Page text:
Joining Victor was a fellow student majoring in languages and cultures, and one of her sorority friends who worked off-campus at a local strip club, and who for reasons unknown to anyone but the player, carried a katana around in a gym bag. Rounding out the initial party was a local private detective, who was sniffing around campus because someone was paying him to dig up dirt on one of the professors. Aside from the influence of Joss Whedon's work on one of the PCs, everyone else fit the tone, feel, and general setup for what I expected from a Call of Cthulhu game.

Not only did character creation go well, but so did the first few sessions. We ran into each other at a campus party, and ended up chatting with a student about how they couldn't seem to find their history prof. He wasn't keeping office hours, and there was a stack of mail piled up at his on-campus house. He wasn't answering email or calls, and they were worried it was going to mean they couldn't get the help they needed by the end of the semester. So, being good Samaritans, we offered to do our part to look into it. We found the professor's house empty, and ransacked. Something bad had clearly happened, but we didn't know what. So we called the cops, but that just got us stuck further in, rather than pulled out.

You Miss One Session, And It All Goes To Hell


I was working two jobs around this time, and since I got called in to work an odd shift, I missed a game session. The DM told me the session I missed went well, and that some other players had shown interest. He'd run it no problem, and he thought it was going well. That sounded promising, so when I showed up to the next session I was not prepared for what I ran into.

What the hell? My game was just here... I swear it was!
In my absence, the game had swelled from a handful of players, to twelve people. And while we'd had mostly average, normal people (the sort of folks who get roped into Lovecraft plots), it seemed that none of the new players had any interest in maintaining that trend. We had a loose canon police detective, convinced there was a drug-ring conspiracy going on who kept waving her gun around and threatening to arrest anyone who looked at her funny. We had a local survivalist and nutter who had more weapons on his person than he had teeth. And so on, and so forth as we went through the stereotypes of gang members, prize fighters, road warriors, and others.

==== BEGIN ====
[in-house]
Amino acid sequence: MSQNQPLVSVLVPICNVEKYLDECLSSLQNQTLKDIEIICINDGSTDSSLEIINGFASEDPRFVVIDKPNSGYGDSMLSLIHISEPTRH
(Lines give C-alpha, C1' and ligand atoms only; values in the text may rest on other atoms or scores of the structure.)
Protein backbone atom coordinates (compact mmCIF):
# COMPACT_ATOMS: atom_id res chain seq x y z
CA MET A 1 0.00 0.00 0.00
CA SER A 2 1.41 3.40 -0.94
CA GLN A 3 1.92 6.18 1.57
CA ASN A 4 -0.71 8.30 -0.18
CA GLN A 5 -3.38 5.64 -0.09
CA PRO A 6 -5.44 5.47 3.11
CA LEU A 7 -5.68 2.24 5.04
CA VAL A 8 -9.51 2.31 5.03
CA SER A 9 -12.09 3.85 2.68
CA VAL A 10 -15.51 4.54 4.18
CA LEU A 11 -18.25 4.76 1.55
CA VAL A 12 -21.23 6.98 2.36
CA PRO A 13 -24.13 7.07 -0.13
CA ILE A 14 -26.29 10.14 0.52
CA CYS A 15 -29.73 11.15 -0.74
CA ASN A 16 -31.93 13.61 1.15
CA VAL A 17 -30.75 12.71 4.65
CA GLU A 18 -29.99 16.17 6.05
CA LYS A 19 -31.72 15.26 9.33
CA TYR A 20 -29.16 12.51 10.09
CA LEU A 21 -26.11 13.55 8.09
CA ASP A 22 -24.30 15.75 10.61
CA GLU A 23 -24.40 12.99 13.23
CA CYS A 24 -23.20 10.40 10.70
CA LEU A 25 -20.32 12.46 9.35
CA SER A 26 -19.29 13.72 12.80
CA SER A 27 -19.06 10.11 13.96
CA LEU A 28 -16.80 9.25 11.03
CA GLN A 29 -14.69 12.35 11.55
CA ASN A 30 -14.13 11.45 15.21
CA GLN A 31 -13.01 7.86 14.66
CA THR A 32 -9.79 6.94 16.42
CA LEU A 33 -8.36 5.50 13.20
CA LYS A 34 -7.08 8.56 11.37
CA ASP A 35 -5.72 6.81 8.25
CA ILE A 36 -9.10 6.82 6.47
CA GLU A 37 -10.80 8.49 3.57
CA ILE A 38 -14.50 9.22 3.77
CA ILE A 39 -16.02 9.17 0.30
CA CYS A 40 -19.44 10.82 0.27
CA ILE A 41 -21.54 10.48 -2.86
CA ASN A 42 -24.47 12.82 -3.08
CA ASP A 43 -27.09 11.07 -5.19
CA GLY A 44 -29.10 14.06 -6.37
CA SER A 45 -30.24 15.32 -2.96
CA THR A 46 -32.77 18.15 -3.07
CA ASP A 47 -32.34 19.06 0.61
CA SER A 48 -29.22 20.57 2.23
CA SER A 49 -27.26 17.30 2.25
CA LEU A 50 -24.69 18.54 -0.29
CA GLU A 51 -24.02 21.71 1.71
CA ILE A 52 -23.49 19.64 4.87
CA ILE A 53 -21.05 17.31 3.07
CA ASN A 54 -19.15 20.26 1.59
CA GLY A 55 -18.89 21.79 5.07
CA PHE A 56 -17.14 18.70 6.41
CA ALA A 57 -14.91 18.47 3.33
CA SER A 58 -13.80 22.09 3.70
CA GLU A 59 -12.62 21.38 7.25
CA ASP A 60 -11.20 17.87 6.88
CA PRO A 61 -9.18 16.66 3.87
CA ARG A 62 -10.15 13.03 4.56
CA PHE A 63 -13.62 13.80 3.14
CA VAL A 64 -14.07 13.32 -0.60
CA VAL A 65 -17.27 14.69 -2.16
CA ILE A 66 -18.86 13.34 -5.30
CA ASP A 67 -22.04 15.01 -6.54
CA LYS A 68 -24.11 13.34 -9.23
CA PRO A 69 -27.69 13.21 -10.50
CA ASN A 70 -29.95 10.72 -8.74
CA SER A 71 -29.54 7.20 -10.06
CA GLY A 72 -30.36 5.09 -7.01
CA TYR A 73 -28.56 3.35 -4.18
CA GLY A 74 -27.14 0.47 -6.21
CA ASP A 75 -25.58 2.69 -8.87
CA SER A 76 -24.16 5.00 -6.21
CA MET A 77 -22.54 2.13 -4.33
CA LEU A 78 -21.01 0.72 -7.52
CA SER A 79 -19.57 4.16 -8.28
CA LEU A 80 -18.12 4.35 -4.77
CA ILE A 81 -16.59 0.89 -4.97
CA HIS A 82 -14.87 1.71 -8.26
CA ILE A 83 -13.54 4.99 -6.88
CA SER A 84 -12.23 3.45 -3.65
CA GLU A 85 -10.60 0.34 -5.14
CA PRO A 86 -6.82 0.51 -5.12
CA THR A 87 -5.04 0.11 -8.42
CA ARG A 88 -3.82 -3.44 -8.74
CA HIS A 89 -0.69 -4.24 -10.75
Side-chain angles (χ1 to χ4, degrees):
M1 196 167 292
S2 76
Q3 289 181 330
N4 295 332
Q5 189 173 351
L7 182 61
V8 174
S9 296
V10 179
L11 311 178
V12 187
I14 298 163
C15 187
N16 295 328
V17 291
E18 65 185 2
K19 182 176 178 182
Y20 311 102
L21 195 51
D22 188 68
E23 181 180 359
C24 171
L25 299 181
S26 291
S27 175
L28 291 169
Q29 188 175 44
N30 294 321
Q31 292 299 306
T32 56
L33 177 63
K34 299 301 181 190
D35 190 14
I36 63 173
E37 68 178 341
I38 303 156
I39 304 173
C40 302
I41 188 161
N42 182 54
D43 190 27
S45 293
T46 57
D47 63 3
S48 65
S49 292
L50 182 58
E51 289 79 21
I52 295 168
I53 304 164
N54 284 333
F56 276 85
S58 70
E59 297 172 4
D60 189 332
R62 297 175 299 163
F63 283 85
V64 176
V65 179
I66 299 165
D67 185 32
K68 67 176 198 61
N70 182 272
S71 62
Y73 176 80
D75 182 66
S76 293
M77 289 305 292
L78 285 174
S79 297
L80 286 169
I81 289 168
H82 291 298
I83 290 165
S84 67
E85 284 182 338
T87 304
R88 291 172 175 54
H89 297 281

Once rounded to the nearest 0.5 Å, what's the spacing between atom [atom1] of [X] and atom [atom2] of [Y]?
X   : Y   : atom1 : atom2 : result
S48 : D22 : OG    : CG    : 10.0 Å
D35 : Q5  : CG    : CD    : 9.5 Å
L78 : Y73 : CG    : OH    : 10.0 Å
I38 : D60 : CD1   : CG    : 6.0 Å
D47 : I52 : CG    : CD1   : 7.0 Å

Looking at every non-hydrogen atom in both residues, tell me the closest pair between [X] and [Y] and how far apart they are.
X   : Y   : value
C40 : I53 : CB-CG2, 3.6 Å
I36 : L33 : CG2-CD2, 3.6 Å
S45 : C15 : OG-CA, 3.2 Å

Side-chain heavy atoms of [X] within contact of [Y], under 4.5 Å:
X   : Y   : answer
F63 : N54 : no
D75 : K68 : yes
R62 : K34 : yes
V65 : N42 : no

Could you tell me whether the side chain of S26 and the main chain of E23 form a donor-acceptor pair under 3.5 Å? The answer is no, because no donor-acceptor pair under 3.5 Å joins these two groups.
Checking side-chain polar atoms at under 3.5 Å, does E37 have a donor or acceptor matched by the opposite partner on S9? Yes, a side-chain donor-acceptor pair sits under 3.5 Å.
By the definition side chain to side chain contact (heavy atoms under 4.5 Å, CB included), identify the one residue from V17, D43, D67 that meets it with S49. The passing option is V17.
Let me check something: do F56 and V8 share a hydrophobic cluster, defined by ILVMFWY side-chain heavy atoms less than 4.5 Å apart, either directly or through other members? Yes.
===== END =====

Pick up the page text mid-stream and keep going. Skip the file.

This shift in player base, and character concepts, had also transformed the game's tone. What had been a mystery plot, where a handful of investigators were trying to find a disappeared professor while trying to get a sense of the strange relics and manuscripts he'd left behind (one being a copy of Unspeakable Cults in the original German), we now had a rag-tag group of door-kicking thugs whose only goal was to find anyone who knew more than they did, and beat/intimidate the answers out of them.

That shift in tone wouldn't have been entirely bad on its own. There is a precedent for Delta Green games, if that's your bag. However, it was a shift that pretty much jettisoned any subtlety, and which had no concern for the world lore, or the plot as it was set up. Worse, the new characters were prepped for war out of an entirely meta concern that they were playing an RPG, rather than because something had actually made their characters believe they were in danger. If you've ever played a World of Darkness game where players decide to just load up on hardware and start building pipe bombs because, hey, this is a WoD game and that means there's bad shit coming their way, then you've seen this before. They were paranoid and heavily armed not because they knew of the horrors of the mythos (none of them had a Cthulhu Mythos skill), and not because they'd experienced anything out of the ordinary for this setting, but because the players didn't get the memo that if you start combat in a Call of Cthulhu game, you've pretty much already lost. You're squishy, the antagonists are squamous beings from the outer reaches of the cosmos... you lose.

Knowledge is how you defeat them. And no one was using their brains at this table.

The best example of this is what I would call the culmination of this plot arc. The professor, you see, had found a statuette of Tsathoggua, and had secreted himself inside the access tunnels beneath the library to begin a summoning ritual. You know, the sort of thing mad cultists do in a CoC setting. We had an idea of where he was, but no clue about what he was doing. We'd seen no mythos creatures, been subject to no magic, and except for finding a few unexpected bloodstains, hadn't had to make that many sanity checks. Despite that, to go track down one rogue professor who we thought had simply gone a little bonkers but who was otherwise harmless, every member of the party (excluding my PC) armed themselves with guns, blades, and actual body armor as if they were a SWAT team getting ready to raid a Mafia stronghold.